WASHINGTON, D.C. — Nineteen U.S. senators from the American west on Sept. 16 sent a letter urging the director of the Office of Management and Budget (OMB) to withdraw a proposed rule governing the use of water from U.S. Army Corps of Engineer reservoir projects.
WASHINGTON, D.C. — The U.S. Supreme Court on Oct. 7 denied certiorari for two South Dakota Indian tribes that say the state’s process for removing Native American children from their homes in emergency situations violates parents’ and children’s due process rights and the Indian Child Welfare Act (Oglala Sioux Tribe, et al. v. Lisa Fleming, et al., No. 18-1245, U.S. Sup.).
SAN FRANCISCO — U.S. Supreme Court review is not needed to decide if a California tribal court can hear the tribe’s fraud claims against its former administrator because a tribe’s jurisdiction over nonmembers has been decided already by the high court’s precedents, the tribe and its court and chief judge tell the Supreme Court in their Oct. 3 brief in opposition to certiorari (Duanna Knighton v. Cedarville Rancheria of Northern Paiute Indians, et al., No. 19-131, U.S. Sup.).
SAN FRANCISCO — Tribal sovereign immunity does not protect tribal officials from a casino development company’s fraud and racketeering claims because the officials, sued in their individual capacities, are the real parties in interest, the Ninth Circuit U.S. Court of Appeals ruled Oct. 2 in affirming denial of the officials’ dismissal bid (JW Gaming Development, LLC v. Angela James, et al., No. 18-17008, 9th Cir., 2019 U.S. App. LEXIS 29613).
SEATTLE — The Ninth Circuit U.S. Court of Appeals on Sept. 30 affirmed a trial court’s boundary map, drawn on remand, in a long-running dispute among Washington state Indian tribes over the right to take whales and seals on their traditional fishing grounds in the Pacific Ocean (Makah Indian Tribe v. Quileute Indian Tribe, et al., No. 18-35369, 9th Cir., 2019 U.S. App. LEXIS 29419).
CORPUS CHRISTI, Texas — A Native American inmate fails on his claim that the confiscation of his religious devotional items was a violation of federal law because he did not prove that he was substantially burdened by the loss of the items, a Texas federal judge ruled Sept. 27 in awarding judgment to prison workers (David Hayman v. Medardo Villarreal, et al., No. 2:17-cv-307, S.D. Texas, 2019 U.S. Dist. LEXIS 166607).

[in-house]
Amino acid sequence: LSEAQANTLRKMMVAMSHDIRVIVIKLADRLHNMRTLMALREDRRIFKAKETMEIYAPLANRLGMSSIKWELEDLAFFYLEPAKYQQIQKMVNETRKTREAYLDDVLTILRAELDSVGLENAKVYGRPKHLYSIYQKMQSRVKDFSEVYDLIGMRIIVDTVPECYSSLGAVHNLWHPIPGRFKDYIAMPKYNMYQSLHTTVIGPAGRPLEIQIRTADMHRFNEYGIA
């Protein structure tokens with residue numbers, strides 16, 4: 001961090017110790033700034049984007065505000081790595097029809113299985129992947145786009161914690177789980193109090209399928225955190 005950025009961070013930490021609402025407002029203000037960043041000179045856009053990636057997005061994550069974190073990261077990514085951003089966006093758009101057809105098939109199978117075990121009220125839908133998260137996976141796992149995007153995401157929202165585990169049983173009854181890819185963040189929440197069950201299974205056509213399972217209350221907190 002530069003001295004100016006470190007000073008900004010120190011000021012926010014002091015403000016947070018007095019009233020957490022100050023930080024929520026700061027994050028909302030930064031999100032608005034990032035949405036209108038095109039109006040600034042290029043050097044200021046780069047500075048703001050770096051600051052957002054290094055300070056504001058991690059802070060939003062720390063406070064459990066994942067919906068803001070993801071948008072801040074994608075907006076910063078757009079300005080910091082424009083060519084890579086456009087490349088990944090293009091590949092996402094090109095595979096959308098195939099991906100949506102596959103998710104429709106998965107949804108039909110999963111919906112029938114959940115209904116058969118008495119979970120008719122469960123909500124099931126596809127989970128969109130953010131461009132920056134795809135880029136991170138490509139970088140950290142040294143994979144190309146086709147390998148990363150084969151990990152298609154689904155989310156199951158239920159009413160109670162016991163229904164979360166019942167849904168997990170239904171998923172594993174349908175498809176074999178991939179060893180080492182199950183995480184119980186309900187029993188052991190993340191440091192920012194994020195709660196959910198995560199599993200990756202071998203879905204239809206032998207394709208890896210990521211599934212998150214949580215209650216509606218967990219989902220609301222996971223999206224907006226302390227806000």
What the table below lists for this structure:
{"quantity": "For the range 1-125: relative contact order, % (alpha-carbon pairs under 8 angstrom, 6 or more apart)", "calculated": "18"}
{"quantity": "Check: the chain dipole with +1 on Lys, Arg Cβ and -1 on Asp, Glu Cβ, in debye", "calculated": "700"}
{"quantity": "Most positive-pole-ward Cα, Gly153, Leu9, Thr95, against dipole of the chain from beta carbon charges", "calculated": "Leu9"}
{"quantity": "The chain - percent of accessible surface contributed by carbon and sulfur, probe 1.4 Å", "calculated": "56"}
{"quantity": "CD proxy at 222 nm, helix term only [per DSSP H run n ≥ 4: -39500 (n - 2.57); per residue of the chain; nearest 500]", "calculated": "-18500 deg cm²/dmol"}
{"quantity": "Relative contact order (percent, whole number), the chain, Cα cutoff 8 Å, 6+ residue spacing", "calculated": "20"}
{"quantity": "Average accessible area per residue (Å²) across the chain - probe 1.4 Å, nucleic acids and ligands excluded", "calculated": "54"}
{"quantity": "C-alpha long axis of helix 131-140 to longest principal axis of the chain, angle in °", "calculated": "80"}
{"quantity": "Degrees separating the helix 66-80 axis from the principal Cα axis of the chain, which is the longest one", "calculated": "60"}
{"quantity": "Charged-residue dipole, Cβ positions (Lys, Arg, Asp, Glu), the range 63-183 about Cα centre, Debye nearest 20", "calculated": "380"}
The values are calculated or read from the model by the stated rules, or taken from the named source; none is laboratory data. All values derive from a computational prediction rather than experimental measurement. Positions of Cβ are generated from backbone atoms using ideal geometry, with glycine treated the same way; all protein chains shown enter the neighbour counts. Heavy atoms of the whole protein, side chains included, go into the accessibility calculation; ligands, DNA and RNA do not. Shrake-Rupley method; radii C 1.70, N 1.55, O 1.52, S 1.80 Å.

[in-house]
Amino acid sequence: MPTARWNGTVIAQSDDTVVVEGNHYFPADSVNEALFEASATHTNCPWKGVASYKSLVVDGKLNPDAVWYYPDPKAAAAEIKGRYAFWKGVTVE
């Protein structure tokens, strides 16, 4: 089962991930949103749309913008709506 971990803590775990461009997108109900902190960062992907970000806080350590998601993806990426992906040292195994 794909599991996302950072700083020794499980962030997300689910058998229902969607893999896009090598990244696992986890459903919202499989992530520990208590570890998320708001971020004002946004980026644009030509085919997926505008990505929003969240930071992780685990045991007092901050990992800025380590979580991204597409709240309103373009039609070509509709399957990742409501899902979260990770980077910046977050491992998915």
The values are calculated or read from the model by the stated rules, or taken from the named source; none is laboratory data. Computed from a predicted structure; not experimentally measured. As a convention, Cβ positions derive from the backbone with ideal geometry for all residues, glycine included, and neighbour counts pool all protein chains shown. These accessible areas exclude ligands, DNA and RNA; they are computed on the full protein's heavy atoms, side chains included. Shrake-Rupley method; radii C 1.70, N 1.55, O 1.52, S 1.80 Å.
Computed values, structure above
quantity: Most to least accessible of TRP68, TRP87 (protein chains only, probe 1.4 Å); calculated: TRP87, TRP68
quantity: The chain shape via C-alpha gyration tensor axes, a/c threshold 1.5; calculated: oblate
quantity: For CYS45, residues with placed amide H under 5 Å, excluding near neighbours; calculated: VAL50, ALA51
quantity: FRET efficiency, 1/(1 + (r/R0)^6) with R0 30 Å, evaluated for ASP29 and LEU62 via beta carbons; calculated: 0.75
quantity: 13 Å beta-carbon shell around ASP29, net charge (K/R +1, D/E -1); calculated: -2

ALBUQUERQUE, N.M. — A New Mexico federal judge on Sept. 27 released a redacted version of a 530-page opinion finding that because a Native American tribe does not hold aboriginal title to the lands of a national preserve, the United States is entitled to quiet title to the preserve (Pueblo of Jemez v. United States, et al., No. 12-0800, D. N.M.).
PASADENA, Calif. — The Ninth Circuit U.S. Court of Appeals on Sept. 27 declined to revisit its decision that a small section of California land where a Native American tribe says the local police are illegally ticketing and targeting Indian drivers is part of the tribe’s reservation, so the officers lack jurisdiction to enforce the state’s traffic laws there (Chemehuevi Indian Tribe, et al. v. John McMahon, et al., No. 17-56791, 9th Cir., 2019 U.S. App. LEXIS 29291).
WASHINGTON, D.C. — A split among federal circuit courts and the U.S. Supreme Court on interpreting the Indian Gaming Regulatory Act (IGRA) has allowed one Indian tribe to open a gambling operation while preventing another tribe from doing the same, a Texas tribe tells the high court in its Sept. 23 bid for review of an injunction barring it from running a gambling business (Alabama-Coushatta Tribe of Texas v. Texas, No. 19-403, U.S. Sup.).
WASHINGTON, D.C. — A federal judge in the District of Columbia on Sept. 9 granted summary judgment against a Washington state Native American tribe, finding that the tribe’s collection and expenditure of third-party revenues cannot be counted as part of the federal government’s reimbursement for Native American health care programs (Swinomish Indian Tribal Community v. Alex M. Azar, No. 18-1156, D. D.C., 2019 U.S. Dist. LEXIS 152928).